wrecksdart — 2014-08-18T15:43:07-04:00 — #5
An appropriate article given what constraints are facing today's designers. I'd also like to note that this is likely to be one of the few good takeaways with the shift away from print books to ebooks/digital print. That is, the fine design work called for in crafting a well-made book will become that much more expected, so while we may be reading less and less tangible items, the tangible items we do have will be that much more special (in terms of craftsmanship).
thaumatechnicia — 2014-08-18T15:45:42-04:00 — #6
And really.. If you're producing the artwork so that the print shop can generate negatives off of, you just print everything at 400% of your final size and ask the printers to reduce it to 25% when they burn the plates - giving you 150PPI x 4 = 600PPI. Sheesh!
cleveremi — 2014-08-18T15:47:21-04:00 — #7
sockdoll — 2014-08-18T16:09:47-04:00 — #8
I worked in my university library's conservation department for a year and a half. My job was to repair and rebind old books by hand to help them live forever, as George Nakashima is quoted as saying. Some people in the shop were there for a paycheck but a few of us were deeply immersed in the craft and history of hand bookbinding.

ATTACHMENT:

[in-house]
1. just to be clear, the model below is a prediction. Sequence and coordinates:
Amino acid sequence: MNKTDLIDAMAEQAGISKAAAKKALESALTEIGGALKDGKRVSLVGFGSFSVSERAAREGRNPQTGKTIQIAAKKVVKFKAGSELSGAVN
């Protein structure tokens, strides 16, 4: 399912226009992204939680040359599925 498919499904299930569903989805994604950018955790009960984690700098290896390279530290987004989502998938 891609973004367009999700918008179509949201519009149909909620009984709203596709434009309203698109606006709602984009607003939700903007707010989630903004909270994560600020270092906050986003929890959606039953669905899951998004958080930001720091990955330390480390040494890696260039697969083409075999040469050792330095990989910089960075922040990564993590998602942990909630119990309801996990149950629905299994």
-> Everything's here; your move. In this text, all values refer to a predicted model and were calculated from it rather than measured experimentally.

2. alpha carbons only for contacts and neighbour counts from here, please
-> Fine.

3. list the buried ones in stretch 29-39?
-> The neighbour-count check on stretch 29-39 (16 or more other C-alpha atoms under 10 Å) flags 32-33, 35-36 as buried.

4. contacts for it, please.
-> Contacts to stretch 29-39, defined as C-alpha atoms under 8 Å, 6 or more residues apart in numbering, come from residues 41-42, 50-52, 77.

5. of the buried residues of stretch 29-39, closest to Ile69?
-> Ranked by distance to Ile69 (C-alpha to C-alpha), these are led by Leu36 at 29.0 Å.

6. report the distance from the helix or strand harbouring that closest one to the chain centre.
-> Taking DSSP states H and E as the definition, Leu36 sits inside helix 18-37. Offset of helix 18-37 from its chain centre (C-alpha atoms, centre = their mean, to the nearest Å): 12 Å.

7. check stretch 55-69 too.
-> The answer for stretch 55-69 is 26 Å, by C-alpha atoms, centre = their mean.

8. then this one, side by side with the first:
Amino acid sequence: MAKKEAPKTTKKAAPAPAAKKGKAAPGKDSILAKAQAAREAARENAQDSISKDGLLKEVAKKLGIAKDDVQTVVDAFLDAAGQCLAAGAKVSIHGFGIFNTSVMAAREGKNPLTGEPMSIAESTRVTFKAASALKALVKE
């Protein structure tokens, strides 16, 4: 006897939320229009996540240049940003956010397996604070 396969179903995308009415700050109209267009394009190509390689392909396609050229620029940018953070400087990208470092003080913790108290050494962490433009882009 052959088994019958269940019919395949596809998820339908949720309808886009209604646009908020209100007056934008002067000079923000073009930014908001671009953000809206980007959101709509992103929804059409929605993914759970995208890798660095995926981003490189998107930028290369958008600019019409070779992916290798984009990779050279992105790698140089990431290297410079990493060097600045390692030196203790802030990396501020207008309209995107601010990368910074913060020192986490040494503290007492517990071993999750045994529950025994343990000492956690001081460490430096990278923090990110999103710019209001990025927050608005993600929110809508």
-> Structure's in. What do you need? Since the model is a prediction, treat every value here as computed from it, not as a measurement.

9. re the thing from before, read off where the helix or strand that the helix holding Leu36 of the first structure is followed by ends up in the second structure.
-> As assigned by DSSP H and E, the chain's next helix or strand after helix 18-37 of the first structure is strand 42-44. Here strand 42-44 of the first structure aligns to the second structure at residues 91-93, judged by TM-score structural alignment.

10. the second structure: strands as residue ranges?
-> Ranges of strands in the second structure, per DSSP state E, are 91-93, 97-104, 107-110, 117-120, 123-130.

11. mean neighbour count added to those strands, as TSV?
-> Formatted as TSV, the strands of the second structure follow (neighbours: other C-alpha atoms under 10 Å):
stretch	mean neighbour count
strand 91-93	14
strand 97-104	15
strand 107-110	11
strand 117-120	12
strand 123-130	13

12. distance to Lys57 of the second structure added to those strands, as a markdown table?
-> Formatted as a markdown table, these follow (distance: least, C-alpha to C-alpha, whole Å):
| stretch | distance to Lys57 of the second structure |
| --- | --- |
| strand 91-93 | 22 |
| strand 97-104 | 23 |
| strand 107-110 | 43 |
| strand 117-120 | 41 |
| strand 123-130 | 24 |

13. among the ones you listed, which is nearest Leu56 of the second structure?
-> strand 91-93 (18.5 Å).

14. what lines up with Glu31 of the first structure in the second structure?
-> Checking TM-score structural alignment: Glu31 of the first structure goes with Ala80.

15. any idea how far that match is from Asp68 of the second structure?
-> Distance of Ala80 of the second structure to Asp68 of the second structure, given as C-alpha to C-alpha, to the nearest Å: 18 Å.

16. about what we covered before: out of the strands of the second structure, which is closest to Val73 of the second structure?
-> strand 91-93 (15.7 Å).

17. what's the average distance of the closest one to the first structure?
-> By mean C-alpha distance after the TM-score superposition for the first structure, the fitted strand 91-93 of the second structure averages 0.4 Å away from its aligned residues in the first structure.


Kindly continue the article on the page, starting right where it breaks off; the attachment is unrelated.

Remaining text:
We weren't involed with the layout and typography of the text blocks themselves, even though at times we had to disassemble the text blocks into signatures and sometimes individual leaves to make invisible repairs to the paper and bindings. The pages and signatures would then be resewn into a solid, tight text block again.
Sometimes a whole new binding had to be constructed, and it that were the case we tried to make sure that the materials used were not only in harmony with the original book and binding but that it functioned optimally as a book. People don't look at books as machines or mechanical devices, but a lot of engineering goes into making a sturdy, useful book that can survive a a lot of use and handling.